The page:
This involves MIDI triggers. The macro (Macro 1) being triggered by a specific MIDI message(s) then subsequently sends a different set of MIDI update messages back out of KM to my DAW. This outgoing MIDI message tells the DAW to then send a subsequent SYSEX message (these are used for displaying characters for names) out to KM. I then use a different macro (Macro 2) in KM to translate this SYSEX message, via a look up table and shell scripts, and ultimately send it to a "Set Stream Deck Title" action, which then updates the buttons on my Stream Deck, This is all essentially happening in real time.
MIDI Trigger (Trigger A, Trigger B, etc.) > Macro 1 > MIDI Update Message > DAW > SYSEX Message > Macro 2 > Stream Deck
It's a bit circuitous. That's why I didn't mention all of this before. In addition to all of this, Macro 1 also directly enables/disables Macro 2, to act as a gatekeeper for when it can or can't accept MIDI messages. It's a bit complicated, but it DOES all work. The only issue that arises is if too many MIDI message triggers come into Macro 1 at once.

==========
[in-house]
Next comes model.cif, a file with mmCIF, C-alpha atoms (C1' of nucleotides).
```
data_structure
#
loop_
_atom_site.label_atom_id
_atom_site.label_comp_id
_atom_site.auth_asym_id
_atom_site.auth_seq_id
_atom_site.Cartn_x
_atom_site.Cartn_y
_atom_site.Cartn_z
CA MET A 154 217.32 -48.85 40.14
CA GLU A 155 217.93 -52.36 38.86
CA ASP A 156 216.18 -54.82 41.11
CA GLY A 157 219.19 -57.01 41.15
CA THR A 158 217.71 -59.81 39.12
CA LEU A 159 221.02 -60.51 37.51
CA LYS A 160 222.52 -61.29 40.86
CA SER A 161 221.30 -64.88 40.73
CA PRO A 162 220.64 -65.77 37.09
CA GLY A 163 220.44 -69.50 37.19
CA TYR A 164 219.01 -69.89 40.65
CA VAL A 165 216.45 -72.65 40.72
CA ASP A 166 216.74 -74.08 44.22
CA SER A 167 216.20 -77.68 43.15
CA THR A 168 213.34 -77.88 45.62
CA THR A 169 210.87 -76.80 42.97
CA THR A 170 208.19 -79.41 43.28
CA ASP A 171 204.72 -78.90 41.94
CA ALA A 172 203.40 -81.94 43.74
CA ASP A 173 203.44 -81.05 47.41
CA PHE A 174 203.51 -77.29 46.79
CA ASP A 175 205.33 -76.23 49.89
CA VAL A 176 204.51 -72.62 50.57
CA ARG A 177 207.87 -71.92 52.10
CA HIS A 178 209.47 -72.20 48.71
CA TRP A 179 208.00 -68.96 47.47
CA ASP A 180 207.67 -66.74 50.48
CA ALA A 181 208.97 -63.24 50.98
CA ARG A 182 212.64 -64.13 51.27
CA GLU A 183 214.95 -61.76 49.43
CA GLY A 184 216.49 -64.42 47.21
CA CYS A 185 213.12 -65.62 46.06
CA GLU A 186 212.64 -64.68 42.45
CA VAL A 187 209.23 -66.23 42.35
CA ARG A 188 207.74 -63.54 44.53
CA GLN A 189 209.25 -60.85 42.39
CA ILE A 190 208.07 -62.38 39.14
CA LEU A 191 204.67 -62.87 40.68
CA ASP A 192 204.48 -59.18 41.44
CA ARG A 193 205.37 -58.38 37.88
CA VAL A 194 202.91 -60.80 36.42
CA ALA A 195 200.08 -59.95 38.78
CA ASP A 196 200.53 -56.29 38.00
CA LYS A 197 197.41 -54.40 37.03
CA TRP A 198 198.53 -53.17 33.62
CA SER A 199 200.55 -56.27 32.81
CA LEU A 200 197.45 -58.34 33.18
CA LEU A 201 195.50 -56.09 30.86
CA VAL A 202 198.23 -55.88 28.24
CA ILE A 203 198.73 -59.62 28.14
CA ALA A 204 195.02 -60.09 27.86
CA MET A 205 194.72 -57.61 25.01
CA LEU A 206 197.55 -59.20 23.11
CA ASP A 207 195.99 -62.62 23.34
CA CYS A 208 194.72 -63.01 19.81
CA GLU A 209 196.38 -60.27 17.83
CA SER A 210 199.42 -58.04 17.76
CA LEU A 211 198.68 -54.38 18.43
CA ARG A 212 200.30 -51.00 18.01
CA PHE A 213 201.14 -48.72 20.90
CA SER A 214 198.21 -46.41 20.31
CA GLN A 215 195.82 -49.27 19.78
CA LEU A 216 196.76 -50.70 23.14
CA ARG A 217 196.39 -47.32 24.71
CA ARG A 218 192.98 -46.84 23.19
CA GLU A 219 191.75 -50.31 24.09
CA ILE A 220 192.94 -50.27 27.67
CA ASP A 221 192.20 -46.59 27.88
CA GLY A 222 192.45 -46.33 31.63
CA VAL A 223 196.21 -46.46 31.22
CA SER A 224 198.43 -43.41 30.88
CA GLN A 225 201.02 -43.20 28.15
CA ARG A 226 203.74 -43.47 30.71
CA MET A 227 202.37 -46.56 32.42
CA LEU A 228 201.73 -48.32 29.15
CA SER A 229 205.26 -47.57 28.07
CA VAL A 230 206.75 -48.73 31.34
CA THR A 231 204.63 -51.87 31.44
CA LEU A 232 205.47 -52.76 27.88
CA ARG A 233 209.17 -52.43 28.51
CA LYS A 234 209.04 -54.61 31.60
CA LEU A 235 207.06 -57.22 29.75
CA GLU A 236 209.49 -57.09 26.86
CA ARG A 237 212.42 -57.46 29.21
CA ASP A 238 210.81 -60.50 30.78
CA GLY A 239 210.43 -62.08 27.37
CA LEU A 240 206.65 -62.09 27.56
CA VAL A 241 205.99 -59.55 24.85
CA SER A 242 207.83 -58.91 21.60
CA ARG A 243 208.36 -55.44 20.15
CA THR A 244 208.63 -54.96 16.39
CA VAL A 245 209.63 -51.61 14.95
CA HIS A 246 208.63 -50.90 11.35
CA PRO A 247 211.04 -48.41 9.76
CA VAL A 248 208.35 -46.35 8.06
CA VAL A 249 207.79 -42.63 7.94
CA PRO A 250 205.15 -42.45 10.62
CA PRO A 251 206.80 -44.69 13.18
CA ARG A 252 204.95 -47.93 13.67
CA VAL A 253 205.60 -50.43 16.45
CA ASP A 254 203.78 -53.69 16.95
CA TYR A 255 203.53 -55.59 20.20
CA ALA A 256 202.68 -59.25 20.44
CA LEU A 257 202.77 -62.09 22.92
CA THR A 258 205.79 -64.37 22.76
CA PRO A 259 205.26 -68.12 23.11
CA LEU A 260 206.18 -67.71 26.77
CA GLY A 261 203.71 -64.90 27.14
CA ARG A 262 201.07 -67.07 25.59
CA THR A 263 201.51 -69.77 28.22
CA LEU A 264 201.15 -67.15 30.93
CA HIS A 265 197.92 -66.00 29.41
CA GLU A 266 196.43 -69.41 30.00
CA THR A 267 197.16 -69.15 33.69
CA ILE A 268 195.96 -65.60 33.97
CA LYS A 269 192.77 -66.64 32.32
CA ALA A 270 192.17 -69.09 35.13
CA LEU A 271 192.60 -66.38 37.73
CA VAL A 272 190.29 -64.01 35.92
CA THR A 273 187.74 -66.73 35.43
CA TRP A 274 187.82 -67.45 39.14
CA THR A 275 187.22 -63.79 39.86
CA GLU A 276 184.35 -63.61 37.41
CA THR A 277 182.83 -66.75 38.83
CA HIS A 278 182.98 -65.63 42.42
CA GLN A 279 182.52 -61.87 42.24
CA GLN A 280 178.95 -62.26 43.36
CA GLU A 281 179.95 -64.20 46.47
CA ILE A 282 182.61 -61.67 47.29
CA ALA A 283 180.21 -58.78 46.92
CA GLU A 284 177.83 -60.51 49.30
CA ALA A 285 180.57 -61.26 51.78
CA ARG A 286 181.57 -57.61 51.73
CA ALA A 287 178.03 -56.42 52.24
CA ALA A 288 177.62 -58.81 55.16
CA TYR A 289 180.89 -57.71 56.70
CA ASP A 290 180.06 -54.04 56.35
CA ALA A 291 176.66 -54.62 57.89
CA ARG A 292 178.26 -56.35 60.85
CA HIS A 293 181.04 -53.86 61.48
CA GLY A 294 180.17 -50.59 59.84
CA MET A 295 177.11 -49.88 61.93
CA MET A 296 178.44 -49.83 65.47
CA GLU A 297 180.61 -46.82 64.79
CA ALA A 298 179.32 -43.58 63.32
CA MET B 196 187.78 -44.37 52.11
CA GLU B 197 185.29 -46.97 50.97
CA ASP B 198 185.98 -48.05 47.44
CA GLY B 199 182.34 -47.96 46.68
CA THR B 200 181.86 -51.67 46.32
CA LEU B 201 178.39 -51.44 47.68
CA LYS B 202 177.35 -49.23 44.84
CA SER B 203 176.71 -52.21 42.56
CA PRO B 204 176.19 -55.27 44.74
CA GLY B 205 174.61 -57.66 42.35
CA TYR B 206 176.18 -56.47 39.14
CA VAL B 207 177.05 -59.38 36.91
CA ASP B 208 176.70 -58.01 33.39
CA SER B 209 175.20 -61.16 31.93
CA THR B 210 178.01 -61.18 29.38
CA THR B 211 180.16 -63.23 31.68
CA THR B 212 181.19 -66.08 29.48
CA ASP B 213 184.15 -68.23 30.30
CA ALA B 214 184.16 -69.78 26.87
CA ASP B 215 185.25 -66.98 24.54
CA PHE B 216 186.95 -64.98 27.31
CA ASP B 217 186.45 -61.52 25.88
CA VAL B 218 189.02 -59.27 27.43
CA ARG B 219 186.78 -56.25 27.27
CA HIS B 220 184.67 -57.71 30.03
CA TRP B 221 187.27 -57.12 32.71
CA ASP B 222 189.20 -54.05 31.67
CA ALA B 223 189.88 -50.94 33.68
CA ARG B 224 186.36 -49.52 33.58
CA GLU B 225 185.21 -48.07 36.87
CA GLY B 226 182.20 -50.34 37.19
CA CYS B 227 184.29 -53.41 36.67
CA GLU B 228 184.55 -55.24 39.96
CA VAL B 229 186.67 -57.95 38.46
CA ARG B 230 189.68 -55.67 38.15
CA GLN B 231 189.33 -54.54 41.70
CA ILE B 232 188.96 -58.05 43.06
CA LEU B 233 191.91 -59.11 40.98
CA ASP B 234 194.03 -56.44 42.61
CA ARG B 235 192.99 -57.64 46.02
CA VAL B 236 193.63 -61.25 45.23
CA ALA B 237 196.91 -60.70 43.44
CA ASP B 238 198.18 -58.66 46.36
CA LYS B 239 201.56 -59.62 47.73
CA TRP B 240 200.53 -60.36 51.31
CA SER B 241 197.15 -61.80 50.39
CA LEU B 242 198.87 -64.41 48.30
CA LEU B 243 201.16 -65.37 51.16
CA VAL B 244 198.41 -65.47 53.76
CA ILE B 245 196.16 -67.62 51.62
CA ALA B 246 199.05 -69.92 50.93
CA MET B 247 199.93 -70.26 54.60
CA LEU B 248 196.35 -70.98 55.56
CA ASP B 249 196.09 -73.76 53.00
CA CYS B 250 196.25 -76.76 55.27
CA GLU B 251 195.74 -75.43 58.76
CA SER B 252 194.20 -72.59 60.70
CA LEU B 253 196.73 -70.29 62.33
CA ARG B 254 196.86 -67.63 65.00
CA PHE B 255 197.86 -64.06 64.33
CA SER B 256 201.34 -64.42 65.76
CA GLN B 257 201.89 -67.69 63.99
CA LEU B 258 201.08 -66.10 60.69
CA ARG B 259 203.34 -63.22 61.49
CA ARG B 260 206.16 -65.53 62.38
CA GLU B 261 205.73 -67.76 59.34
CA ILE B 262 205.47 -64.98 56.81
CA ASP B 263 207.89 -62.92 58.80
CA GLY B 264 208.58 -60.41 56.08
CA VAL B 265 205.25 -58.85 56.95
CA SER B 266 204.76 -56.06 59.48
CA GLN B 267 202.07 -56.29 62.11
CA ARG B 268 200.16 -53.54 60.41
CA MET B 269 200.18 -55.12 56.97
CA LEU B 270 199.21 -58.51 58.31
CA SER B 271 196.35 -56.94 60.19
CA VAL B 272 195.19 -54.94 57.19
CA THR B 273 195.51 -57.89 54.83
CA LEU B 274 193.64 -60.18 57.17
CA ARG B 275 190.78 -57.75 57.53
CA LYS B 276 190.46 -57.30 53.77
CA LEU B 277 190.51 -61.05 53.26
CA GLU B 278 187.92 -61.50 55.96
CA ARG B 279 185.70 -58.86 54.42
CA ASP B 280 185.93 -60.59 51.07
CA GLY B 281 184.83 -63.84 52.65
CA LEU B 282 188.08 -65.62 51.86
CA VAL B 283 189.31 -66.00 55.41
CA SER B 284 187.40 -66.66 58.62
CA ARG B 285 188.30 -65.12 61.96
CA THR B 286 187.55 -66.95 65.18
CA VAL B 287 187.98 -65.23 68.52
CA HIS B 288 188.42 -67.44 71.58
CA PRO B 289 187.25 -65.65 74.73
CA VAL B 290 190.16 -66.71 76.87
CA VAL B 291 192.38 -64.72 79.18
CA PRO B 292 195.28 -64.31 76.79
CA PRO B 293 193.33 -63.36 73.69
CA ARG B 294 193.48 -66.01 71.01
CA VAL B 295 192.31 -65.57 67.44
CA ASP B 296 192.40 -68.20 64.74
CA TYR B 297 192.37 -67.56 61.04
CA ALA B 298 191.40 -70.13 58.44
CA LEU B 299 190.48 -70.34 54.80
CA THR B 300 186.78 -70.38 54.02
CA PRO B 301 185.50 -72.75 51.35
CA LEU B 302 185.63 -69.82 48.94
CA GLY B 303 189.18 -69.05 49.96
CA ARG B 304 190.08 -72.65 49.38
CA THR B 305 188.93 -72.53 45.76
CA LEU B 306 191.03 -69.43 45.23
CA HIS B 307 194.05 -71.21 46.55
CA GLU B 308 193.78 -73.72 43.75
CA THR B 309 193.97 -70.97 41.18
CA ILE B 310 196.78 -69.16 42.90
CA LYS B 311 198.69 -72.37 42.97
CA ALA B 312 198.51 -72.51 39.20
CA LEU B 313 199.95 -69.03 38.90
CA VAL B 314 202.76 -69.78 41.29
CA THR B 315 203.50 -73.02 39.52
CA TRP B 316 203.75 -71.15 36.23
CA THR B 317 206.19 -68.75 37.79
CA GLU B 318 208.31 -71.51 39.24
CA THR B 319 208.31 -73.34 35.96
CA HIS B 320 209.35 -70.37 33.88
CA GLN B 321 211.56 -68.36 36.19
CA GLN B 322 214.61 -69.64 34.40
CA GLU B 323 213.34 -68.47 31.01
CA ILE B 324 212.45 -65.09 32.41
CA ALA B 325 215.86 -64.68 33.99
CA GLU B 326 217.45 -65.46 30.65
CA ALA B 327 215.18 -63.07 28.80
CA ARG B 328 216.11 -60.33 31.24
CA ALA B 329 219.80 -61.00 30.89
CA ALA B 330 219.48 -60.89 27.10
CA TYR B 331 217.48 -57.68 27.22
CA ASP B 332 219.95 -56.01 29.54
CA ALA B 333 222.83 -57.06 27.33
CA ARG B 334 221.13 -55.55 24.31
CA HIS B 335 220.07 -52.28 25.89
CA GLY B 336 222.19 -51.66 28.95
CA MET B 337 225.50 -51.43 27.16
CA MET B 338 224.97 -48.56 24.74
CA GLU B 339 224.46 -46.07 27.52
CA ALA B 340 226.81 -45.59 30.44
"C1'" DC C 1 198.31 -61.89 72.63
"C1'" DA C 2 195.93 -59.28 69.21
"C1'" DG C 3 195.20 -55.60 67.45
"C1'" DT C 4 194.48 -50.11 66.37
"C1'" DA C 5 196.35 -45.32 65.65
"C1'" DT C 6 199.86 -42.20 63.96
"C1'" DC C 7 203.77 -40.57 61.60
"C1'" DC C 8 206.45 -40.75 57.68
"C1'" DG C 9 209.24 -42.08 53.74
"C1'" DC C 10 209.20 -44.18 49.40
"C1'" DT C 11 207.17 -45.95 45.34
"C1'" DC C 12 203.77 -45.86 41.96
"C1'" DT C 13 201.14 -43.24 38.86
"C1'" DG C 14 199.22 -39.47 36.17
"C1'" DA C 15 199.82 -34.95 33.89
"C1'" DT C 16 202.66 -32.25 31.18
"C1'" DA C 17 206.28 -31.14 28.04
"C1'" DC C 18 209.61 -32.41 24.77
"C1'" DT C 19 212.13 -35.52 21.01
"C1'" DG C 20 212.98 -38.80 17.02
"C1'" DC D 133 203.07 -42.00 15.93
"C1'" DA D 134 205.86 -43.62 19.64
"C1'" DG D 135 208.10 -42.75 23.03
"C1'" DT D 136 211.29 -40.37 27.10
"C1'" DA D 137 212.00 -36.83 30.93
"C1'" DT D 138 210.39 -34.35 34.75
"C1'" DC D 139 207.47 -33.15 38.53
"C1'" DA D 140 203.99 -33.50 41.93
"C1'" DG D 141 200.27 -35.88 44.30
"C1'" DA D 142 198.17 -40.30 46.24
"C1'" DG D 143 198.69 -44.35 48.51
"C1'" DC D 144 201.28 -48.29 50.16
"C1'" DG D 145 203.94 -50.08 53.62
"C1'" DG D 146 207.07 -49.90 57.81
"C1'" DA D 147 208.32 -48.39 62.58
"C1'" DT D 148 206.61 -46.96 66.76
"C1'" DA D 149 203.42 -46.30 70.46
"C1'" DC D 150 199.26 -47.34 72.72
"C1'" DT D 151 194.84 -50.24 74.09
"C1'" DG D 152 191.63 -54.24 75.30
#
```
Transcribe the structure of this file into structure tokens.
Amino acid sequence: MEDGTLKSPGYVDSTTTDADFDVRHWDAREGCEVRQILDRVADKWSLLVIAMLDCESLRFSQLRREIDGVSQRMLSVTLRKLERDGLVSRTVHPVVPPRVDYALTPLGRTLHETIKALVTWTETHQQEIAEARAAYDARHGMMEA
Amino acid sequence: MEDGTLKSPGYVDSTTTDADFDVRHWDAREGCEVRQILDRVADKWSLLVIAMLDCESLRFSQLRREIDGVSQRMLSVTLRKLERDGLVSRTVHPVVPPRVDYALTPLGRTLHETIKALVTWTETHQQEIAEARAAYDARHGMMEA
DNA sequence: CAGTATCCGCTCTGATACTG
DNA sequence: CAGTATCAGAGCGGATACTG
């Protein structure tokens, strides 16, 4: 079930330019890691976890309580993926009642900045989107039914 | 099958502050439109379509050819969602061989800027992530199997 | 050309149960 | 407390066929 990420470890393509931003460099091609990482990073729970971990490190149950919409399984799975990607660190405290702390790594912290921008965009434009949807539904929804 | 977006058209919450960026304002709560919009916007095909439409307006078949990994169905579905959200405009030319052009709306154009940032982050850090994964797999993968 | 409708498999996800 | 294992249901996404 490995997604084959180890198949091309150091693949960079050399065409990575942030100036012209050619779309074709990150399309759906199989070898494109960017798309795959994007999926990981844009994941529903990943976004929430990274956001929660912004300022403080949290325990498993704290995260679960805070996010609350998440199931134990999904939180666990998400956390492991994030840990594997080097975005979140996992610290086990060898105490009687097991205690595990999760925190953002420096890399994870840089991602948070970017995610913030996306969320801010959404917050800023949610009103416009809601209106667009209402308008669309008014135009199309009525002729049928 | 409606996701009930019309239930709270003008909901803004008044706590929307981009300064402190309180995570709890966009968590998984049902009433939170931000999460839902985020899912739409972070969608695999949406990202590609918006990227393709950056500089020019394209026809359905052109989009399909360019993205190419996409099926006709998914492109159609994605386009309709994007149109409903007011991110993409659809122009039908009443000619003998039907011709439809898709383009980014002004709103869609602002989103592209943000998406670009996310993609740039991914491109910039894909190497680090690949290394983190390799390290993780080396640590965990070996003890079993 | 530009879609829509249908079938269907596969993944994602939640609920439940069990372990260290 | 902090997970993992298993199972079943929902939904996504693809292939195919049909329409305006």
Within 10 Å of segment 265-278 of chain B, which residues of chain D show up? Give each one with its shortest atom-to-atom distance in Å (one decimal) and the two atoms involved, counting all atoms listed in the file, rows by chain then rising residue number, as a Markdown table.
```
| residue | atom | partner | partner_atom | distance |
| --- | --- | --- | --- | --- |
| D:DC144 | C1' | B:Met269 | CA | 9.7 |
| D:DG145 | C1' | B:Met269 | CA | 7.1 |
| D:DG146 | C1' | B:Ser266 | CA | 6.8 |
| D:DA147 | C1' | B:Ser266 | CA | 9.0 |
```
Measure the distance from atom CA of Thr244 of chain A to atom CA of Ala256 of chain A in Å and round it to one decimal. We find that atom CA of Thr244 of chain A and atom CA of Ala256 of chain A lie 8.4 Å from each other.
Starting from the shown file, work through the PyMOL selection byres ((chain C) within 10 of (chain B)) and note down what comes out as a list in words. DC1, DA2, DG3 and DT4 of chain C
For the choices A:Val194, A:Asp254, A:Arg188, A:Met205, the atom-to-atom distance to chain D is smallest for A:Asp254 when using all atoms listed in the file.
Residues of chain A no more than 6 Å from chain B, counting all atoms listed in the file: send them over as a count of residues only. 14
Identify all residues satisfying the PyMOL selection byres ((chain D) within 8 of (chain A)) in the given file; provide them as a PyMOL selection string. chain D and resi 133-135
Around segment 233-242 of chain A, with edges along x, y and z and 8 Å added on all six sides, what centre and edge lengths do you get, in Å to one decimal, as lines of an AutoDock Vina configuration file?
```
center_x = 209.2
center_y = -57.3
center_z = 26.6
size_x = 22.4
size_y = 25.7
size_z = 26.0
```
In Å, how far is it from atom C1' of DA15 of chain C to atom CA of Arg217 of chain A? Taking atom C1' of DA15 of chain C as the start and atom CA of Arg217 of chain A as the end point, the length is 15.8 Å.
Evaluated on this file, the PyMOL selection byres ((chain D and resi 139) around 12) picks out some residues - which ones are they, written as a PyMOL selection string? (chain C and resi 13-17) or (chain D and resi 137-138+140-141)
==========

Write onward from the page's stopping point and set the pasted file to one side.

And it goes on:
In any case, Macro 1 is what I'm concerned with. Given that multiple MIDI message triggers can come in quickly, in a very short period of time, I don't want multiple instances of Macro 1 all running at the same time because, if they are, they will cause issues with the translation going on in Macro 2, as described above.
So, is there a way to always cancel all instances of Macro 1 except for the most recent one? Basically, any time any one of the triggers for Macro 1 starts a new instance of Macro 1, I want all previous instances of Macro 1, that may be still running, to cancel. In a lot of cases, the previous instance of Macro 1 will have already completed, and it won't matter but, for those cases where one or more instances of Macro 1 are still running, I want to cancel all of them, except for the newest instance that just got triggered.
Since every new instance would cancel the previous instance, I basically just need it to cancel the previous instance because, even if 10 triggers all happened closely together in time, iinstance 2 would cancel instance 1, instance 3 would cancel instance 2, instance 4 would cancel instance 3, and so on and so forth.